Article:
The firing of three elected deans from Boğaziçi University, a research university in Turkey, could signal a renewed attack on institutional autonomy and freedom of speech in Turkey’s universities, scholars have warned.
The dismissal of Özlem Berk Albachten, Metin Ercan and Yasemin Bayyurt by Turkey’s Higher Education Council (YOK) follows a tumultuous year at the leading Istanbul university, which has been riven by student protests since a loyalist to the country’s president, Recep Tayyip Erdoğan, was installed as rector in January 2021.
Since the appointment from outside Boğaziçi of Melih Bulu, a member of Erdoğan’s Justice and Development Party who was accused of plagiarizing his Ph.D., more than 600 student protesters have been arrested, and some of them face jail sentences of more than 30 years.
It is believed that the deans were made redundant because of their support for academics who criticized the appointment of Bulu—who was later dismissed. Scholars have held a daily vigil to protest against his successor, Naci Inci, another Erdoğan supporter.
Their dismissal follows a sustained attack on academic freedom within Turkish universities in the wake of the attempted coup in 2016. In the years since that putsch, more than 6,000 academics have been sacked, and about 3,000 schools and universities have been closed over alleged links to the movement led by exiled preacher Fethullah Gülen.
Several émigré Turkish scholars told Times Higher Education, however, that the most recent sackings at Boğaziçi were particularly troubling because they signaled that even mild political dissent would not be tolerated within universities.
“This latest event makes many educators like me hesitate to return and work in Turkey,” explained Boğaziçi graduate Elif Balin, now an assistant professor at San Francisco State University. “This constant attack on institutional independence, academic freedom, job security and the right to peaceful protest, along with filling administrative and academic positions with nonelected and partisan members, makes many people—especially young people in Turkey—question the quality of their education and diminishes their hope for the future.”
“It is utterly heartbreaking and depressing to see my alma mater being attacked, dismantled and slowly torn into pieces,” said Devrim Umut Aslan, a lecturer at Lund University in Sweden.
Staff and students at Boğaziçi have protested against the latest dismissals, which Taner Bilgiç, a member of the executive board, described as seeming “more like a punishment given out to a university that has been standing up for its academic freedom and institutional autonomy for the past year.”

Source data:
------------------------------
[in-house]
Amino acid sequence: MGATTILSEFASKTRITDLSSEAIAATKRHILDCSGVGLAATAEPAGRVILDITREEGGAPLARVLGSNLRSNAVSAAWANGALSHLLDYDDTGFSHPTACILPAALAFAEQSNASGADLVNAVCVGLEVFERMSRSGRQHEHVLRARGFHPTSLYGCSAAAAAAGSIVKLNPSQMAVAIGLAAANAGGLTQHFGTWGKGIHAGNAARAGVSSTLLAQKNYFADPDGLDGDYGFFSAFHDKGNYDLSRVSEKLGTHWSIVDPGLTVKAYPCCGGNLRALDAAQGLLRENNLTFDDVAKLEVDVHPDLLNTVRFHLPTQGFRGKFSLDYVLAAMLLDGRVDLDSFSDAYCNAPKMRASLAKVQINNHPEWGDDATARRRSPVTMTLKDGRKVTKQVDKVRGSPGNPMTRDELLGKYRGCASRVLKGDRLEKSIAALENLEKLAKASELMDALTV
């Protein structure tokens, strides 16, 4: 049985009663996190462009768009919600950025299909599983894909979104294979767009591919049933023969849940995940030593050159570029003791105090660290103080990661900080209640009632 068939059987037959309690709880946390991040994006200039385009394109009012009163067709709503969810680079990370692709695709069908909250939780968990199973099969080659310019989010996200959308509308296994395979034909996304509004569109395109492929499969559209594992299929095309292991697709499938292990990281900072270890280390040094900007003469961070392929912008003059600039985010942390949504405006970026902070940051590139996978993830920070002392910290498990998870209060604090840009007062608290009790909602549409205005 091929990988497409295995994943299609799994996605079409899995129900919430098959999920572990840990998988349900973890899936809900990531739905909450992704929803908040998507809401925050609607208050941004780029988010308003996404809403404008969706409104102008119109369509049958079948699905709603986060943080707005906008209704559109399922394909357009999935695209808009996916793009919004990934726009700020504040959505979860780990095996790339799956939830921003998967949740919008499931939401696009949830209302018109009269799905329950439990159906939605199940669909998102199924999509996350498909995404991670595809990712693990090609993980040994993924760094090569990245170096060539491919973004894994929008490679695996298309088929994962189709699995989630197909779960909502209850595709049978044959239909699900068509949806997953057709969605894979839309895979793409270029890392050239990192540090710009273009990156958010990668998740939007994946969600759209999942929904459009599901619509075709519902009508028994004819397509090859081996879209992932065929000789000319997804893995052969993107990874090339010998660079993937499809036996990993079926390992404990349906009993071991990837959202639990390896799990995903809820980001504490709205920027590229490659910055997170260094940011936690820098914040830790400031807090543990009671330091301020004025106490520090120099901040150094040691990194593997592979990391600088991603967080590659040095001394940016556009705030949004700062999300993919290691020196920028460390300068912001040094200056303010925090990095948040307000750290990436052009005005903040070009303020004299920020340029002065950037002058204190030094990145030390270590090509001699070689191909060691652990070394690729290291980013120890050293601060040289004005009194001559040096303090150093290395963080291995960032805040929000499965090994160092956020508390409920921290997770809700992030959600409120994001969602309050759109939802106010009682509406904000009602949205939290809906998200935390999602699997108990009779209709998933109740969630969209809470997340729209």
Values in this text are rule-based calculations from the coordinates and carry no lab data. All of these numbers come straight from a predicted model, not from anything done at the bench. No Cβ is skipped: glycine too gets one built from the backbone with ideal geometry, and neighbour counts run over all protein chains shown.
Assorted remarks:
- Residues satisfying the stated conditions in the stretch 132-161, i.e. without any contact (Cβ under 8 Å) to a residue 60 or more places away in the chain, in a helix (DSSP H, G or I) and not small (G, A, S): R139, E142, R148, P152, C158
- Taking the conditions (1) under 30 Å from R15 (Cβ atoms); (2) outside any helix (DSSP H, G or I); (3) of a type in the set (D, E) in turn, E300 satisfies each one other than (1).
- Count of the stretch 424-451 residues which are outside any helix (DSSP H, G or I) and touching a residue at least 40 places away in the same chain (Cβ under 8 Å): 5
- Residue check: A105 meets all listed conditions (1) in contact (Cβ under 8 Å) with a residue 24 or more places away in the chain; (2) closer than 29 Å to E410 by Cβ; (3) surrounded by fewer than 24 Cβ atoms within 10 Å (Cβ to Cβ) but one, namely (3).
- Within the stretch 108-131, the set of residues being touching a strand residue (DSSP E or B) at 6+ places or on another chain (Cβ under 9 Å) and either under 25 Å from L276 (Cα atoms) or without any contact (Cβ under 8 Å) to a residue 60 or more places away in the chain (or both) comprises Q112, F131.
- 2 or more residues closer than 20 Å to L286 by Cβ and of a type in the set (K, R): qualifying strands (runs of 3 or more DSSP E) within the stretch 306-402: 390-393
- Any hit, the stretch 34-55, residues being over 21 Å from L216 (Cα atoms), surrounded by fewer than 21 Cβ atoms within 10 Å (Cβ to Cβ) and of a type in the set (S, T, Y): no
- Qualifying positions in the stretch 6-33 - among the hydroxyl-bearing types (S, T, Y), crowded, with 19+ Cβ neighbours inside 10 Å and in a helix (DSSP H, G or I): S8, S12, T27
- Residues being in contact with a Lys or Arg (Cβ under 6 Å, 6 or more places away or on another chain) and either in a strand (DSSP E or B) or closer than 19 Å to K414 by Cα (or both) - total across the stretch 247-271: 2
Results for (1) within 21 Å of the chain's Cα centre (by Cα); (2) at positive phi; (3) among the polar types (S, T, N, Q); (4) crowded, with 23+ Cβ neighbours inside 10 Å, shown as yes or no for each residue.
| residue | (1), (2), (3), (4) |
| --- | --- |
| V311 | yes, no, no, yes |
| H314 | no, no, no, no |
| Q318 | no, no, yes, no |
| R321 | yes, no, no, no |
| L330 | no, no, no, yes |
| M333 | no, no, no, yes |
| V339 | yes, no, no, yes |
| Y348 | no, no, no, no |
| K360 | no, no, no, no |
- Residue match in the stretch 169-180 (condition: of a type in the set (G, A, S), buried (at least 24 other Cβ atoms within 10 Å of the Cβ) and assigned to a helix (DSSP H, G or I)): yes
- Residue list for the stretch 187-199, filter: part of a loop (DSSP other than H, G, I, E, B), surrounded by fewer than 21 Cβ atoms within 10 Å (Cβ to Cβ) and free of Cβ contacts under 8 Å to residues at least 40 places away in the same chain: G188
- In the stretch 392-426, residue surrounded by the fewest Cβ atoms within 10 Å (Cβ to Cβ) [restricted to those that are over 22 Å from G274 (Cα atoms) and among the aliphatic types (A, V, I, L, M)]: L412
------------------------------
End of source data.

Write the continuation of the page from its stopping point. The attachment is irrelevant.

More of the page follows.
Zeynep Gambetti, associate professor in political science at Boğaziçi, said the removal of three deans who had fought to ensure that scholarly excellence trumped party loyalty would give the new president a “free hand in filling the university with below-par academics and in dismissing or crowding out critical faculty members.”
“Boğaziçi is sure to lose its stature as a center of excellence and will become, like other universities in Turkey, an institution where fear and self-censorship are rampant,” he said.
“Things are looking very grim at the moment,” added Olcay Atik, a chemistry undergraduate, who is facing disciplinary action for protesting.
“With the removal of the three deans our academicians voted in, we are expecting a huge number of students to be wrongfully punished with little to no evidence … as deans get to make the final decisions.”
However, Gürkan Kumbaroğlu, vice rector at Boğaziçi, contested the version of events put forward by the deans, stating that the university was “committed wholeheartedly to academic freedom and will always be in the vanguard of its defense.”
“However, academic freedom is not coterminous with pursuing a clandestine political agenda” and “with any freedom, there comes responsibility,” he told Times Higher Education.
The three deans did “not hold their positions by virtue of a popular democratic mandate,” contended Kumbaroğlu, who said that “by law, they are appointed to their post on the basis of a contract with the university by [Turkey’s Higher Education Council],” which decided that “they had committed serious infractions resulting in clear breaches of their professional and academic obligations.”
The academics declined to take part in an investigation and did not submit representations in their defense, he added.
“They have, therefore, not been removed due to a putative assault on academic freedoms; indeed, we contend there is no evidence for this,” said Kumbaroğlu. “They have been dismissed due to serious failures on their part in fulfilling their duties—it is unfortunate and inaccurate, therefore, that they wish to frame this as a political grievance.”